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Friday, May 29 2020 @ 09:47 pm ACST

Power Girls Forge New Path – Opinion

Back in 2013 I wrote an article which promoted the value and merit of school footy (see School Footy – the Aussie Rules Nursery). The article considered how important the school footy nursery was to club football. However, it also considered many of the challenges faced by schools and clubs in keeping numbers sustainable. Another factor considered was the devaluation of school footy inasmuch as some sectors did not recognise the value of school football adequately.

Much has changed since 2013, and school football has risen to greater heights – at least in my experience. The increase in women’s and youth girl’s football has contributed to this.

Our own Pyramid Power girls in Cairns have taken the link between school football and club football to an unusual, but potentially game-changing place.
Last night, the Pyramid Power Under 14 Youth Girls team survived a big scare from their opposition, Cairns Hawks, to record an eight-point premiership victory. In a high quality game which rebounded from end to end like a tennis match, the Power girls clicked late in the third term to run over the Hawks at the right time. This description could be of any grand final anywhere – nothing particularly unique.

However, dig a little deeper and there is a big backstory to the Power girl’s journey to last night’s success. As can often be the case, there is more to this Pyramid Power flag than meets the eye. Whilst the girls – Shaye, Talina, Ari, Summer, Tiffany, Emily, Sharmeria, T’Chiana, Rosie, Linda, India, Kathy, Dulcie, Katherine, Jacinta and Alicia (they deserve to see their names mentioned as they were wonderful) – won the game as a club team last night, the seeds can be traced back to 2015 when most of them were around ten years old.

The core grew at Gordonvale State School in late 2015. By early 2016, the list had shrunk and new girls were recruited. They later played together at half-time in the Gold Coast Suns v Western Bulldogs clash at Cazalys Stadium in front of ten thousand AFL fans. They were hooked.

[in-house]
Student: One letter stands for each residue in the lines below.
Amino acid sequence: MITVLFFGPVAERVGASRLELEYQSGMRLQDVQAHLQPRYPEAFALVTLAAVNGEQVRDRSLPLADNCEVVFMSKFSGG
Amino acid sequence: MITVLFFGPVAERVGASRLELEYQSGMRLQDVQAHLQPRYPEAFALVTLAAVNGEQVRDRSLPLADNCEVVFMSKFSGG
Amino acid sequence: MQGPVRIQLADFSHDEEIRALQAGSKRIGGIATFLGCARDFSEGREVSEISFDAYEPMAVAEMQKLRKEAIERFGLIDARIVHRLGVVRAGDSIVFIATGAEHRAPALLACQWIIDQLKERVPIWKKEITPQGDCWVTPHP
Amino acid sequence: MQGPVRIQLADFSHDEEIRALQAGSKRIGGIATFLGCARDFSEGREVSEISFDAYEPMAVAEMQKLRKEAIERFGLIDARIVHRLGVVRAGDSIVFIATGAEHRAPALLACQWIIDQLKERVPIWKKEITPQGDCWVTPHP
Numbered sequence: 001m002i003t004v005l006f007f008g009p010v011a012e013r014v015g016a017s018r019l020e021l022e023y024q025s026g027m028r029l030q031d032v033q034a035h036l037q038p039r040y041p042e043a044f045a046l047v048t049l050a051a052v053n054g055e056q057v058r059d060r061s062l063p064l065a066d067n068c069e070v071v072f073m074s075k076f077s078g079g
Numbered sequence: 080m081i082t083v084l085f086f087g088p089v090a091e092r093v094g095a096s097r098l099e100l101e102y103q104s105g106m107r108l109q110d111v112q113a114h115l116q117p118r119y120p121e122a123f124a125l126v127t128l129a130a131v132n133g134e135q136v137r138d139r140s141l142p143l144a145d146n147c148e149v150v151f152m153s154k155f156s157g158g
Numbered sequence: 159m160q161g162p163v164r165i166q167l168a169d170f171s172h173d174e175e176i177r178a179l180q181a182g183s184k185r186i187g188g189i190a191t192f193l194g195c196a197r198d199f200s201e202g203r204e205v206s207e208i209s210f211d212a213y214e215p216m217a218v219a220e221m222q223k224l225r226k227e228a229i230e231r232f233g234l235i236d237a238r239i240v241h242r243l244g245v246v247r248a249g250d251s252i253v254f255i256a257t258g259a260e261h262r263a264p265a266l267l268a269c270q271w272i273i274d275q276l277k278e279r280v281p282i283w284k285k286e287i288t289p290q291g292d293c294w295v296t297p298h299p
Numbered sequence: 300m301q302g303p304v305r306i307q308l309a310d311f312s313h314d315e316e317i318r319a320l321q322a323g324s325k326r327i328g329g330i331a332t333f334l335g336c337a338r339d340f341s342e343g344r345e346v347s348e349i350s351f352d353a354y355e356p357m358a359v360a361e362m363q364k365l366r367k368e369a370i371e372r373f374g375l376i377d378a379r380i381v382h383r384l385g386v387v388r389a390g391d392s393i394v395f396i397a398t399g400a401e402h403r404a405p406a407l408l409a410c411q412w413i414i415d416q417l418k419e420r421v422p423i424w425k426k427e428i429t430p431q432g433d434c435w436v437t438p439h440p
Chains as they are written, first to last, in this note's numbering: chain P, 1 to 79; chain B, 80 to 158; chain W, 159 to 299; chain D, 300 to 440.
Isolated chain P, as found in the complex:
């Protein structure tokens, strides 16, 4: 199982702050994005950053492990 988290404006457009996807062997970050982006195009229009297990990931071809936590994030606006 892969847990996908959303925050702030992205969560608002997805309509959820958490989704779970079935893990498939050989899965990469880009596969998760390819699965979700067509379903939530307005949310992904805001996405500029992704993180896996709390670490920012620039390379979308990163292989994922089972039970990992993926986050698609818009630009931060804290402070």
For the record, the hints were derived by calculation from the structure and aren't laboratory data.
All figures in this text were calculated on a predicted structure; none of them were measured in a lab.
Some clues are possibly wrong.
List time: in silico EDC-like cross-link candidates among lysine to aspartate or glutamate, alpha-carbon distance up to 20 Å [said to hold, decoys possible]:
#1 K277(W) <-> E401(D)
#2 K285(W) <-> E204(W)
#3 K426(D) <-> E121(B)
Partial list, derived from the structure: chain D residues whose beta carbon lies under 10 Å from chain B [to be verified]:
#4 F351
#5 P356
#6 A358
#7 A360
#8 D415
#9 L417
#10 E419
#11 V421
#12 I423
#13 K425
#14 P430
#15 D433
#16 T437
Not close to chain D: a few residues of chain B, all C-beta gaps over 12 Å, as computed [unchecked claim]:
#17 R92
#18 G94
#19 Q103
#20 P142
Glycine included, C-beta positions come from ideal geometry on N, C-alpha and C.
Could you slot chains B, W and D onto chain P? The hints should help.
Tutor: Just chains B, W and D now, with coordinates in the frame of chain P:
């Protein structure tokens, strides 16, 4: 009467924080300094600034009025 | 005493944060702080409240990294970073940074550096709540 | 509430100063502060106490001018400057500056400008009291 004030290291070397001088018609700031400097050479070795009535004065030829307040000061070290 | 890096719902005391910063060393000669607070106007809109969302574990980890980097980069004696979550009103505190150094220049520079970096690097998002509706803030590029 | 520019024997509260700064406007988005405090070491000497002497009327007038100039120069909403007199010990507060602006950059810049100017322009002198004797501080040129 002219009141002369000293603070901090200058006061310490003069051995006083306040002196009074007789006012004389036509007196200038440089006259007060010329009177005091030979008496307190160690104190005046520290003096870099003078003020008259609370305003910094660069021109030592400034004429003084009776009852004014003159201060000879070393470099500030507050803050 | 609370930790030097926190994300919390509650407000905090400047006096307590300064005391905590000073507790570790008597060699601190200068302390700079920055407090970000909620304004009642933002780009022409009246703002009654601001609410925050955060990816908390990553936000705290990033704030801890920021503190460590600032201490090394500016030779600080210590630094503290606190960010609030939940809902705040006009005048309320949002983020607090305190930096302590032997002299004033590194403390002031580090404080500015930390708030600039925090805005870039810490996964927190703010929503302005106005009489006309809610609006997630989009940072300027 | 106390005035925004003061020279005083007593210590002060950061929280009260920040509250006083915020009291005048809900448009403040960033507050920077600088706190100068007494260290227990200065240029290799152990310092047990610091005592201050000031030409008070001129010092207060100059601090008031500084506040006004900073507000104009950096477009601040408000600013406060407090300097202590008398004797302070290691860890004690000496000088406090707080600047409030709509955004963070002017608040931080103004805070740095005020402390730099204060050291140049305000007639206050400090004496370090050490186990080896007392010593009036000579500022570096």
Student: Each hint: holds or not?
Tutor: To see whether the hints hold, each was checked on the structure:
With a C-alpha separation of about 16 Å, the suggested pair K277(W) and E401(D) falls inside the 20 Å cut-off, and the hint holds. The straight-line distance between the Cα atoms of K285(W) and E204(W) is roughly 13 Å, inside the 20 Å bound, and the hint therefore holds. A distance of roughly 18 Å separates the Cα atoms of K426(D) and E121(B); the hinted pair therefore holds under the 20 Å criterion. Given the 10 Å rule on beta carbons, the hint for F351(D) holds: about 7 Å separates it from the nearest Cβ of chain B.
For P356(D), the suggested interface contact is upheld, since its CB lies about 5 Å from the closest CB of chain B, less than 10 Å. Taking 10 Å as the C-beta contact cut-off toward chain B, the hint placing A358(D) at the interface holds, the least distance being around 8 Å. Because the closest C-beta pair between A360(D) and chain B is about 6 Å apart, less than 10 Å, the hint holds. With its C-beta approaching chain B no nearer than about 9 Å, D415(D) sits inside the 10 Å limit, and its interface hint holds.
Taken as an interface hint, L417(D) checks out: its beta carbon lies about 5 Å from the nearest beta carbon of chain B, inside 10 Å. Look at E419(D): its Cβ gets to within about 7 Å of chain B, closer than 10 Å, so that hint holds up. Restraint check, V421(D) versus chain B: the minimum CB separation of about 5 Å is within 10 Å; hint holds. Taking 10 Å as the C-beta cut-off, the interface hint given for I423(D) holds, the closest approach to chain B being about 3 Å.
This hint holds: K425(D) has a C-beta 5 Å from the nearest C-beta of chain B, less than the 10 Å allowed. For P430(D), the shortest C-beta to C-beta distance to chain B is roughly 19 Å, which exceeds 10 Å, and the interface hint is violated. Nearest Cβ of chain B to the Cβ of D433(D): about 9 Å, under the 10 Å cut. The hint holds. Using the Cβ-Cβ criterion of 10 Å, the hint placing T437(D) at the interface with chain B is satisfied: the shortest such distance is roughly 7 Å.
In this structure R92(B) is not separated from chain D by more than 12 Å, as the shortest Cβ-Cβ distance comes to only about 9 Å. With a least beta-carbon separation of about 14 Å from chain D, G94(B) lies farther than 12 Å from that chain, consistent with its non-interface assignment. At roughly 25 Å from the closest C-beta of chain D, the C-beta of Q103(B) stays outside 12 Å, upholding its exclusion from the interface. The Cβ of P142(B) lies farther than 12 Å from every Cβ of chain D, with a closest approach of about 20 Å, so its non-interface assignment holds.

Later in 2016, on a bus trip with the girls down to Mission Beach to play another embryonic school-based team, the suggestion was floated – whether this group of girls would consider coming on board ( lock, stock and smoking barrels) as a club team in the AFL Cairns competition.

Last year, the girls played as Pyramid Power’s inaugural Under 14 Girl’s team. They finished third, with most of the girls still around 12 years old and much smaller than their opposition. However, this year, no such disadvantage. A stronger, wiser, more experienced outfit came together with some additions from outside that core group to win a premiership. From a school team to a champion club team with a premiership in only a couple of years.

I don’t imagine for a moment this situation is unique. I am sure other school teams have treaded similar paths. However, I cannot imagine it is the norm either. The bold experiment by Pyramid Power to supplant a school team into a club-based league was out of the ordinary, yet has reaped a premiership in just a couple of years.

Maybe it is a domain easier to work within, as girls footy grows new and exciting markets. Boys footy, grown over a longer period, has a more “traditional” pathway – following Dad, peer choices, heroes on TV. Nevertheless, a group of girls moving en masse from a school scene to a club scene should have clubs everywhere contacting their local schools to see what talent is there. No footy market can be guaranteed nowadays. Clubs that are too arrogant or detached to realise that talent pathways might be just around the corner or down the road could miss out on tapping into some serious talent.

But, if a plan can be hatched in a bus on a highway in beautiful Tropical North Queensland and lead to a premiership two years later, then surely it is a concept worth exploring by other clubs everywhere.

Personally, I would love to hear of other similar examples and maybe those, coupled with the Pyramid Power success, can enrich youth girl’s footy and maybe beyond. I don’t believe that anyone involved with Australian footy can remain complacent and assume the talent will come to them automatically. Sometimes you have to be imaginative, bold and a little “out there” to find and grow new markets for the game.

The Power girls are now living proof of that.

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